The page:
Caswell, S. V., Kelshaw, P., Lincoln, A. E., Hepburn, L., Dunn, R., & Cortes, N. (2019). Game-Related Impacts in High School Boys' Lacrosse. Orthopaedic Journal of Sports Medicine, 7(4), 2325967119835587. https://doi.org/10.1177/2325967119835587
Caswell SV, et al. Game-Related Impacts in High School Boys' Lacrosse. Orthop J Sports Med. 2019;7(4):2325967119835587. PubMed PMID: 31058198.
* Article titles in AMA citation format should be in sentence-case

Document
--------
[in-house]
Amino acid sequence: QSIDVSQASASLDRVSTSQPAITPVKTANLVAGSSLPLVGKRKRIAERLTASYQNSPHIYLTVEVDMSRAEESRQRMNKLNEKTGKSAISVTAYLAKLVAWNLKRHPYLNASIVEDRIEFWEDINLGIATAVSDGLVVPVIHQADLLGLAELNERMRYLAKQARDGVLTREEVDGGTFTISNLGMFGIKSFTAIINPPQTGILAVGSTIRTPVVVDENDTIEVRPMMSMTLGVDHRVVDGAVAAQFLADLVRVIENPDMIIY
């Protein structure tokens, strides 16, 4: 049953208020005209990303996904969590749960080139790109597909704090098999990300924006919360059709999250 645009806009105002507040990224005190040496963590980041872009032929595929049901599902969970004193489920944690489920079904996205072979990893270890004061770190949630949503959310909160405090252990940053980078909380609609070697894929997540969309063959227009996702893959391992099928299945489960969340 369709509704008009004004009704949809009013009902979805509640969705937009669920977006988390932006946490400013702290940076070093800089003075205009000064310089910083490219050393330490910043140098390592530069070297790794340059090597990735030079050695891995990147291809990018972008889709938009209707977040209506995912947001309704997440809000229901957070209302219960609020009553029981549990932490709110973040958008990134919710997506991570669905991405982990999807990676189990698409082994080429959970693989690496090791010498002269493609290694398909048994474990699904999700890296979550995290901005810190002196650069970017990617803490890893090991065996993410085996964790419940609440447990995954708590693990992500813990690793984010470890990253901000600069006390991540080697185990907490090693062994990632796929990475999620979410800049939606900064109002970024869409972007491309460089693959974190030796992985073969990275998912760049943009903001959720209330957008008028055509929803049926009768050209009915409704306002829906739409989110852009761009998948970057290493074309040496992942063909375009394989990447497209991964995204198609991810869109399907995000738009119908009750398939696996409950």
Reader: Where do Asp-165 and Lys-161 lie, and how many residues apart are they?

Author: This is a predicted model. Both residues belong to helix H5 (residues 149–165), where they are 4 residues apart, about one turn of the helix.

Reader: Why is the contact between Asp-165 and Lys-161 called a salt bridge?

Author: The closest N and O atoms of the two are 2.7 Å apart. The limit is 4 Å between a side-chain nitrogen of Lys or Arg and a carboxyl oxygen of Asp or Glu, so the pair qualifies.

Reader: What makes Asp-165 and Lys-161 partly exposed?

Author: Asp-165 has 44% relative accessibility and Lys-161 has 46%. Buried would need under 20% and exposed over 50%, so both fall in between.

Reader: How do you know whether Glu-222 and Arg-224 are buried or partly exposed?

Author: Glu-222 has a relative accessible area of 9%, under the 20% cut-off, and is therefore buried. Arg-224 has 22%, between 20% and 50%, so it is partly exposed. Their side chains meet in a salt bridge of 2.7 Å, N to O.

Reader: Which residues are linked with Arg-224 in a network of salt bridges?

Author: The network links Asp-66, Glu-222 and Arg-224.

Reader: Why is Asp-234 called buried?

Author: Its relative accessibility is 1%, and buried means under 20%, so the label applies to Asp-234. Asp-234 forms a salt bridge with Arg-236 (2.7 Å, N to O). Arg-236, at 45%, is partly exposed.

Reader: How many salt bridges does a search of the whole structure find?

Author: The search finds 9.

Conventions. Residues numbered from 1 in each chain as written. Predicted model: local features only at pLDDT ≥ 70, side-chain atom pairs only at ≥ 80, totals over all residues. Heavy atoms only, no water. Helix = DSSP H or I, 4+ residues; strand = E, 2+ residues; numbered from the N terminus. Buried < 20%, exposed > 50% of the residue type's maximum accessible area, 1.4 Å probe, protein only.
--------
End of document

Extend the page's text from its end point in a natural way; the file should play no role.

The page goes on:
TY - JOUR T1 - Game-Related Impacts in High School Boys' Lacrosse. AU - Caswell,Shane V, AU - Kelshaw,Patricia, AU - Lincoln,Andrew E, AU - Hepburn,Lisa, AU - Dunn,Reginald, AU - Cortes,Nelson, Y1 - 2019/04/04/ PY - 2019/5/7/entrez PY - 2019/5/7/pubmed PY - 2019/5/7/medline KW - collisions KW - defenseless player KW - helmet contact KW - video analysis KW - wearable sensors SP - 2325967119835587 EP - 2325967119835587 JF - Orthopaedic journal of sports medicine JO - Orthop J Sports Med VL - 7 IS - 4 N2 - Background: The rate of concussions in boys' lacrosse is reported to be the third highest among high school sports in the United States, but no studies have described game-related impacts among boys' lacrosse players. Purpose: To characterize verified game-related impacts, both overall and those directly to the head, in boys' varsity high school lacrosse. Study Design: Cross-sectional study; Level of evidence, 3. Methods: A total of 77 male participants (mean age, 16.6 ± 1.2 years; mean height, 1.77 ± 0.05 m; mean weight, 73.4 ± 12.2 kg) were instrumented with sensors and were videotaped during 39 games. All verified game-related impacts ≥20g were summarized in terms of frequency, peak linear acceleration (PLA), and peak rotational velocity (PRV). Descriptive statistics and impact rates per player-game (PG) with corresponding 95% CIs were calculated. Results: Overall, 1100 verified game-related impacts were recorded (PLA: median, 33.5g [interquartile range (IQR), 25.7-51.2]; PRV: median, 1135.5 deg/s [IQR, 790.0-1613.8]) during 795 PGs. The rate for all verified game-related impacts was 1.38 impacts per PG (95% CI, 1.30-1.47). Of these, 680 (61.8%) impacts (PLA: median, 35.9g [IQR, 26.7-55.5]; PRV: 1170.5 deg/s [IQR, 803.2-1672.8]) were directly to the head (impact rate, 0.86 impacts/PG [95% CI, 0.79-0.92]). Overall, midfielders (n = 514; 46.7%) sustained the most impacts, followed by attackers (n = 332; 30.2%), defenders (n = 233; 21.2%), and goalies (n = 21; 1.9%). The most common mechanisms for overall impacts and direct head impacts were contact with player (overall: n = 706 [64.2%]; head: n = 397 [58.4%]) and stick (overall: n = 303 [27.5%]; head: n = 239 [35.1%]), followed by ground (overall: n = 73 [6.6%]; head: n = 26 [3.8%]) and ball (overall: n = 15 [1.4%]; head: n = 15 [2.2%]). Direct head impacts were associated with a helmet-to-helmet collision 31.2% of the time, and they were frequently (53.7%) sustained by the players delivering the impact. Nearly half (48.8%) of players delivering contact used their helmets to initiate contact that resulted in a helmet-to-helmet impact. Players receiving a head impact from player contact were most often unprepared (75.9%) for the collision. Conclusion: The helmet is commonly used to initiate contact in boys' high school lacrosse, often targeting defenseless opponents. Interventions to reduce head impacts should address rules and coaching messages to discourage intentional use of the helmet and encourage protection of defenseless opponents. SN - 2325-9671 UR - https://www.unboundmedicine.com/medline/citation/31058198/Game_Related_Impacts_in_High_School_Boys'_Lacrosse_ L2 - http://journals.sagepub.com/doi/full/10.1177/2325967119835587?url_ver=Z39.88-2003&rfr_id=ori:rid:crossref.org&rfr_dat=cr_pub=pubmed DB - PRIME DP - Unbound Medicine ER -